The only thing that's really remarkable about this is that they've managed to generate some buzz over a project that's literally nothing more than reinventing the nutrition shake--the makers of Ensure and Slim-Fast must be kicking themselves. Rhinehart makes a big deal over the improvements to his health, but this was his diet before:
They had been living mostly on ramen, corn dogs, and Costco frozen quesadillas—supplemented by Vitamin C tablets, to stave off scurvy—but the grocery bills were still adding up. Rob Rhinehart, one of the entrepreneurs, began to resent the fact that he had to eat at all. “Food was such a large burden,” he told me recently. “It was also the time and the hassle. We had a very small kitchen, and no dishwasher.” He tried out his own version of “Super Size Me,” living on McDonald’s dollar meals and five-dollar pizzas from Little Caesars. But after a week, he said, “I felt like I was going to die.” Kale was all the rage—and cheap—so next he tried an all-kale diet. But that didn’t work, either. “I was starving,” he said.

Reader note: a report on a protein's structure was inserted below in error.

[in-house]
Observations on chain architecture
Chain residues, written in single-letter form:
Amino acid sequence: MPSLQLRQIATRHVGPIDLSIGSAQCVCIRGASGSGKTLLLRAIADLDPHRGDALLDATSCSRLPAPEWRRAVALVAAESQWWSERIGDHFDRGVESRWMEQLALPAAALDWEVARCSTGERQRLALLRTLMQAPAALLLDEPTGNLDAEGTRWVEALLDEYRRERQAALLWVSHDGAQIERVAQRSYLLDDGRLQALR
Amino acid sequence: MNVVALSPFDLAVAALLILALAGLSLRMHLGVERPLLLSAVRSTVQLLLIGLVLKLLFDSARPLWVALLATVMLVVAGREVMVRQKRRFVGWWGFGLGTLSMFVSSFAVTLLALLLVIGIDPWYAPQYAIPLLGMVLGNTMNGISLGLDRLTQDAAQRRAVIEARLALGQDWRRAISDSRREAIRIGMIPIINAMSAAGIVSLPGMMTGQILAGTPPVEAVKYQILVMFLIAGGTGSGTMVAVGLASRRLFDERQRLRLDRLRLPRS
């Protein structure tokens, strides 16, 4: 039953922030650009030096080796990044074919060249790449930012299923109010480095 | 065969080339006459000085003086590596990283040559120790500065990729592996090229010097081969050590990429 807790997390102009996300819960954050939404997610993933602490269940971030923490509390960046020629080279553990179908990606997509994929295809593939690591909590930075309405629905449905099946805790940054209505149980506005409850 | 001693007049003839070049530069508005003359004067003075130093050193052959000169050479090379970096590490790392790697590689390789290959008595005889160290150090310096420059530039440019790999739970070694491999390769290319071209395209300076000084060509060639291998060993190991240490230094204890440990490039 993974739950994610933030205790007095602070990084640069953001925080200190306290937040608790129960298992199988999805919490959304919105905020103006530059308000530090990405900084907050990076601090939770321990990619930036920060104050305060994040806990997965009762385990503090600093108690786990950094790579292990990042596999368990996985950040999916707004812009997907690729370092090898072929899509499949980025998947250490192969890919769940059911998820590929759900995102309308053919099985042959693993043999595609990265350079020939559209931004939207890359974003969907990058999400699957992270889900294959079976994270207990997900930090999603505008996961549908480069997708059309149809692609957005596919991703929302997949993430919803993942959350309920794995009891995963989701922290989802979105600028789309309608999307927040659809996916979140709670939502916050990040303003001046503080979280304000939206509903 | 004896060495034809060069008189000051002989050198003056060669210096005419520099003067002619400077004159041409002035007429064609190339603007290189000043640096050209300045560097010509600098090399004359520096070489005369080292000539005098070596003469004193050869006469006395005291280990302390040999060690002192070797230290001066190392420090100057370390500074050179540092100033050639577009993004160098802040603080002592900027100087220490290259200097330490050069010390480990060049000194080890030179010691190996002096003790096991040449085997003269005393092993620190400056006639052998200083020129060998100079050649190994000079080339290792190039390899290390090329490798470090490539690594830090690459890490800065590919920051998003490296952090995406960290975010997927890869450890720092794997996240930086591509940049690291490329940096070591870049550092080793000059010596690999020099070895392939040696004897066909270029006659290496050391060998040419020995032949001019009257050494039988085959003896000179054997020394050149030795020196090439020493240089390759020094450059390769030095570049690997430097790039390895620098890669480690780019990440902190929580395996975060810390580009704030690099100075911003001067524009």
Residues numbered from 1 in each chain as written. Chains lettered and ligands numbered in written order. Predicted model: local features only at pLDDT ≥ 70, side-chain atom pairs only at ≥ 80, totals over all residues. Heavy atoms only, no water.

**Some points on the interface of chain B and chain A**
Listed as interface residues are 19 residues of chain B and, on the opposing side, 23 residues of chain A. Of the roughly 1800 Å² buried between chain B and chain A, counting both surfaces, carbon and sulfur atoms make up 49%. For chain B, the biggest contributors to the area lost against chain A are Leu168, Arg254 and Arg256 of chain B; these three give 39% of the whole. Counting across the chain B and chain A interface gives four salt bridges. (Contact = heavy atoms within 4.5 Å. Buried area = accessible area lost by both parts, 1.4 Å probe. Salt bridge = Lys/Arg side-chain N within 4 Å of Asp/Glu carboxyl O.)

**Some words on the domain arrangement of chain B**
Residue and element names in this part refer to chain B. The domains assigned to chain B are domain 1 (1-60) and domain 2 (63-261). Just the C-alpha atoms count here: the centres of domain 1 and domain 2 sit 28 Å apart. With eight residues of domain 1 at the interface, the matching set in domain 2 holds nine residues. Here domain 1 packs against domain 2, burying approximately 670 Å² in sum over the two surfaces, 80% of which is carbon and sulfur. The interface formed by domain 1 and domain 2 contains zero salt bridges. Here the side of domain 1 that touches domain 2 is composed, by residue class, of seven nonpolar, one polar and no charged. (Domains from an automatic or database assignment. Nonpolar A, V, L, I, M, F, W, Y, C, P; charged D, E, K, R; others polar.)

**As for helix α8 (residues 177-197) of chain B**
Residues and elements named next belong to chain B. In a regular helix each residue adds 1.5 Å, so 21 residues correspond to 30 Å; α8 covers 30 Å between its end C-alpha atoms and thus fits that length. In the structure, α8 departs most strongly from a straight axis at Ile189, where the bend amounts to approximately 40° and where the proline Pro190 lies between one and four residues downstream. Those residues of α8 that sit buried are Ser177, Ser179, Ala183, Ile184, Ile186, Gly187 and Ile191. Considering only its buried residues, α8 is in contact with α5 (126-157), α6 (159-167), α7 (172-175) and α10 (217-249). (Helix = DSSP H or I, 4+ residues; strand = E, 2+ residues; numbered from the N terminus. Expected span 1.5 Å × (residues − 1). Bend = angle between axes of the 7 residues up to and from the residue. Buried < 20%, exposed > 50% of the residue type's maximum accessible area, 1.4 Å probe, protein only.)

Well, no shit, Sherlock. (At least the article acknowledges that Rhinehart just didn't seem to be that much into food in the first place.) I like that they mention the DIY site for alternate recipes--I may experiment with a low-carb option, myself--but, even before he gets into the fantasy of the GMO algae that can crank this stuff out magically, a lot about this concept seems like agribusiness' wet dream.